Senator Patty Murray pledged she would defend the four lower Snake River dams during her recent visit to the Tri-Cities, and for that the community is grateful.
Historically, the Washington state Democrat has said she is against removing the Ice Harbor, Lower Monumental, Little Goose and Lower Granite dams, but her recent clarification is important.
In February, she signed a letter sent to House leaders opposing a bill sponsored by several Washington state lawmakers that, if approved, would keep the dams safe for another four years.
That stance caused some Tri-Citians to wonder if her position on breaching the dams might have changed.
But at a Tri-Cities Development Council meeting a couple of weeks ago, she said she would “absolutely” protect the dams.
“I did not call for, nor would I call for, the removal of the Snake River dams,” she said.
That is a relief.
As it turns out, the bill she opposes — HR 3144 — passed out of the House Natural Resources Committee on Wednesday and is headed for a full vote on the House floor.
Rep. Dan Newhouse, R-Wash., is one of the Northwest sponsors of the bipartisan House bill that would keep the status quo at the Snake and Columbia River dams until at least 2022.
The dams are operated under a plan called the Federal Columbia River Biological Opinion, or BiOp. It was created by a collaboration of federal agencies, states and tribes to protect salmon during President Obama’s administration.
But a federal judge later ruled that the massive habitat restoration effort did not do nearly enough to improve Northwest salmon runs, and ordered the government to come up with a new plan.
U.S. Judge Michael Simon ruled another environmental study is needed and must consider the option of removing the Snake River dams.
That is a frightening proposition in Eastern Washington. Particularly, there is concern about how breaching the dams would affect the power grid and the ability to quickly meet surges in demand. Wind and solar power are not consistent forms of energy, utility officials have said, and hydropower is needed to help keep up with demand.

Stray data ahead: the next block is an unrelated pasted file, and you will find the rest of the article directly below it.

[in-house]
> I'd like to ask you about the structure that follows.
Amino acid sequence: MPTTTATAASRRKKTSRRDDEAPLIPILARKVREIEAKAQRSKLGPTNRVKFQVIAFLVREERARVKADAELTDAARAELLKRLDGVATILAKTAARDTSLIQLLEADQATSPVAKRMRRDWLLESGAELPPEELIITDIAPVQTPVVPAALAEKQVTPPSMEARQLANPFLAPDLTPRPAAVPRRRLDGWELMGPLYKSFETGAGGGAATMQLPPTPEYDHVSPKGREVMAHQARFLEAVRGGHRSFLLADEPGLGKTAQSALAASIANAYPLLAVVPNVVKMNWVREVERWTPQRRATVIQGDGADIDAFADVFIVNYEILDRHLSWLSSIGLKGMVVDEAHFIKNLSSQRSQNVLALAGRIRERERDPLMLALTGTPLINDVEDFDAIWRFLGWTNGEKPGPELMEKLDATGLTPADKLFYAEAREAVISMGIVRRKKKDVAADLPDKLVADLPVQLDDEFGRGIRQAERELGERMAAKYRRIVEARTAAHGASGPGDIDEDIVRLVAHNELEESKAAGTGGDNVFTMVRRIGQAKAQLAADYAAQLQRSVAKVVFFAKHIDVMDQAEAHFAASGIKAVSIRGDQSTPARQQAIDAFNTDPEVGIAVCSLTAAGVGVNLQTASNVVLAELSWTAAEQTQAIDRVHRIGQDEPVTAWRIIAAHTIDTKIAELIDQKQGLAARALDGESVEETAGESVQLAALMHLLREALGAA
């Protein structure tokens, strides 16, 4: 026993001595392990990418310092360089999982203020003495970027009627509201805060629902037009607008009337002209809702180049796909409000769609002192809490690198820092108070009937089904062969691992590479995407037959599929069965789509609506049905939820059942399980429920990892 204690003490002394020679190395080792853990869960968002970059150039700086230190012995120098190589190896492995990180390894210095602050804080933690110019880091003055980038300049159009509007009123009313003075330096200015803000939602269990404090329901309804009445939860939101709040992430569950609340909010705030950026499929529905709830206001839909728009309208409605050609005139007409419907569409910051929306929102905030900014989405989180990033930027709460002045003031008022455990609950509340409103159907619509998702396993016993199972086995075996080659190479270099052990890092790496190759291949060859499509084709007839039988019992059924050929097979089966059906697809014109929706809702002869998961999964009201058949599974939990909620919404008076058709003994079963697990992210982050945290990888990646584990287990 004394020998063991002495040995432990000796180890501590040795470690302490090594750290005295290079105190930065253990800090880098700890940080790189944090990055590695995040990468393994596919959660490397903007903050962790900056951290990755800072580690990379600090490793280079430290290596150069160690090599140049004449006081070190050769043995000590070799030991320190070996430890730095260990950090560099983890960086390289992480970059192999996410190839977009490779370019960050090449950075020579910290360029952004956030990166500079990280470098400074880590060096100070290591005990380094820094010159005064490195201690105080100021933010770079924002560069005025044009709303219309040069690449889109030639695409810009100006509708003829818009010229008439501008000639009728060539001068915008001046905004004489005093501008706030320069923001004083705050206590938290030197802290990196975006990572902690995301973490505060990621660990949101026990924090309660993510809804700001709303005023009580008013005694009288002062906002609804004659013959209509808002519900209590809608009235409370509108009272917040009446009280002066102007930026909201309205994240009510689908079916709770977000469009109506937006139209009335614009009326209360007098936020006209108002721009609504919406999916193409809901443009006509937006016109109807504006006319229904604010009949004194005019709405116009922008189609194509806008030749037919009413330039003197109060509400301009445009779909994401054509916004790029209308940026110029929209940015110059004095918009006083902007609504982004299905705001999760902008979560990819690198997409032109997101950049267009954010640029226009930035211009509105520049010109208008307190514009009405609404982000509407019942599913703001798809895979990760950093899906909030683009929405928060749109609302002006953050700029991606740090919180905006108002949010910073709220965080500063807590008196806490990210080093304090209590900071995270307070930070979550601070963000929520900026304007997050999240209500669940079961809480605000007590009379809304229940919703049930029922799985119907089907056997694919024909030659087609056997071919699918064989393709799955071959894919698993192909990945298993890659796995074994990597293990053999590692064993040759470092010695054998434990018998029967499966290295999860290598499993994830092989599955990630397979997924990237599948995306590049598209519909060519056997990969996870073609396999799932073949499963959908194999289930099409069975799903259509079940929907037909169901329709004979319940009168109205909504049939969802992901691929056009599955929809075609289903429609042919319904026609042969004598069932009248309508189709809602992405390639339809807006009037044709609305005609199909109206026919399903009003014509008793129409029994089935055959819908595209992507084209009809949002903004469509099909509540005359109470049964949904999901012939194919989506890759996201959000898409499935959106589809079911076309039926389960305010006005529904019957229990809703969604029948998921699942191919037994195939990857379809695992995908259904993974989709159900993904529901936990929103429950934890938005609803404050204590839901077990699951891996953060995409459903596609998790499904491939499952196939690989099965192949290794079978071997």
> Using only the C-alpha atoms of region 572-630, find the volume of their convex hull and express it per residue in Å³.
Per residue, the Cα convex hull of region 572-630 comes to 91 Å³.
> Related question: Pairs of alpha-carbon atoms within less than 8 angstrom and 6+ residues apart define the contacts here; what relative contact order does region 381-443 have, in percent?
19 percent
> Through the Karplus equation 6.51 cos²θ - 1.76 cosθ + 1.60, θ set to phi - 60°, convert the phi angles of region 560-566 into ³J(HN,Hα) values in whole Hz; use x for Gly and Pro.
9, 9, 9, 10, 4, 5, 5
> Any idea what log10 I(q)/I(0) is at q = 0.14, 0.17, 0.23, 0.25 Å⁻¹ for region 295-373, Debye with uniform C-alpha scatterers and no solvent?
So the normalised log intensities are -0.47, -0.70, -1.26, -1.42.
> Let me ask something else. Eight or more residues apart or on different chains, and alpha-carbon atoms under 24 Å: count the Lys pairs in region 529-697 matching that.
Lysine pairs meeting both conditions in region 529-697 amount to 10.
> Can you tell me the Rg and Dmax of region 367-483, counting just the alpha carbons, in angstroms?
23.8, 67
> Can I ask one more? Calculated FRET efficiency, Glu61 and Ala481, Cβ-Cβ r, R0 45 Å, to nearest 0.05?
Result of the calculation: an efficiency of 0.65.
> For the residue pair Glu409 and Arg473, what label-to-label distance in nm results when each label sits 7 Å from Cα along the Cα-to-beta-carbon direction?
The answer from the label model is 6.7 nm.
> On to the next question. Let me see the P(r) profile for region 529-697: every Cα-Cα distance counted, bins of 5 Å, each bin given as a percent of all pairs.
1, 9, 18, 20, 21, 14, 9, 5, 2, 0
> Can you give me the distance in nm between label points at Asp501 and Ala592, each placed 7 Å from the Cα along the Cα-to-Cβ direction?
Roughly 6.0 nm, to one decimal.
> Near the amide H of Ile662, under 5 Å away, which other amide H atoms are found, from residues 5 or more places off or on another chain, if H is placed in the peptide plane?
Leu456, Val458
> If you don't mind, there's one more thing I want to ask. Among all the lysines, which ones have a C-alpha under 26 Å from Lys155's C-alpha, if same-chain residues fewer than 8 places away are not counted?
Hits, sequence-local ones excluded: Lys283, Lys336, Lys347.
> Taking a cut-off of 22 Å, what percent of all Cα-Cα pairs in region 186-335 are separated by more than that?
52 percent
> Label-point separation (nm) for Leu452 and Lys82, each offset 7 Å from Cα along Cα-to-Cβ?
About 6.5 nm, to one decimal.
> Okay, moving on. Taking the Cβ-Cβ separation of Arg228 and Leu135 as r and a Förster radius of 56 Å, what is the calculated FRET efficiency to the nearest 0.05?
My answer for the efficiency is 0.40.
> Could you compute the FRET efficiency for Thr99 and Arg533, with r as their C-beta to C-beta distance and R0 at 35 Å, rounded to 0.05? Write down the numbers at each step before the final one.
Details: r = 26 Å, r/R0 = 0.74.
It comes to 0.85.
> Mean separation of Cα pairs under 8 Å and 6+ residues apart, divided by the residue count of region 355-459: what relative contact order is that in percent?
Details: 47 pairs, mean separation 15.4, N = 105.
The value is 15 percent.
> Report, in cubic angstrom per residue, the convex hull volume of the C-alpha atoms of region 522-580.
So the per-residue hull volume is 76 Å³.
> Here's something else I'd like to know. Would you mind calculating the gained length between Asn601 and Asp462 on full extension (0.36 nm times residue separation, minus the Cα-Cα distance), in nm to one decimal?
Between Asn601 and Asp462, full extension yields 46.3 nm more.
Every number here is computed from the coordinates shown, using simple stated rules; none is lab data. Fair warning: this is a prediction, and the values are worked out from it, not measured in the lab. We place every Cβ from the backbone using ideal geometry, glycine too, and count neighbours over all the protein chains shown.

Removing the dams also would affect flood control and the transportation of goods — likely boosting semi-truck traffic on the highways.
Currently, more water is being spilled over the lower Snake and lower Columbia River dams until mid-June because of the court ruling, which is meant to help young salmon migrating to the ocean.
The increase spill is expected to cost Northwest electricity users $40 million in higher rates this spring, according to Newhouse, and there are opposing views that say the spill might inject extra gas into the water, which would actually hurt the fish.
Newhouse and others sponsored HR 3144 in an attempt to keep the spill from happening and to safeguard the dams from those who want them removed.
But Murray had said she wanted the environmental study to proceed. In her letter to House leaders, she said that the “Columbia and Snake River system is essential to the Pacific Northwest’s culture, environment and economy” and that “our expectation” is that the federal government conduct an “open and transparent process.”
She had said the proposed House legislation would be a one-size-fits-all approach that circumvents a process meant to consider all uses of the river system.
While Newhouse and Murray may not see eye-to-eye on HR 3144, they are both against breaching the dams — and that’s crucial common ground.
Environmental groups pushing to improve fish runs by tearing down the dams should know that despite some disagreement, we have lawmakers in both chambers who are against such a drastic move.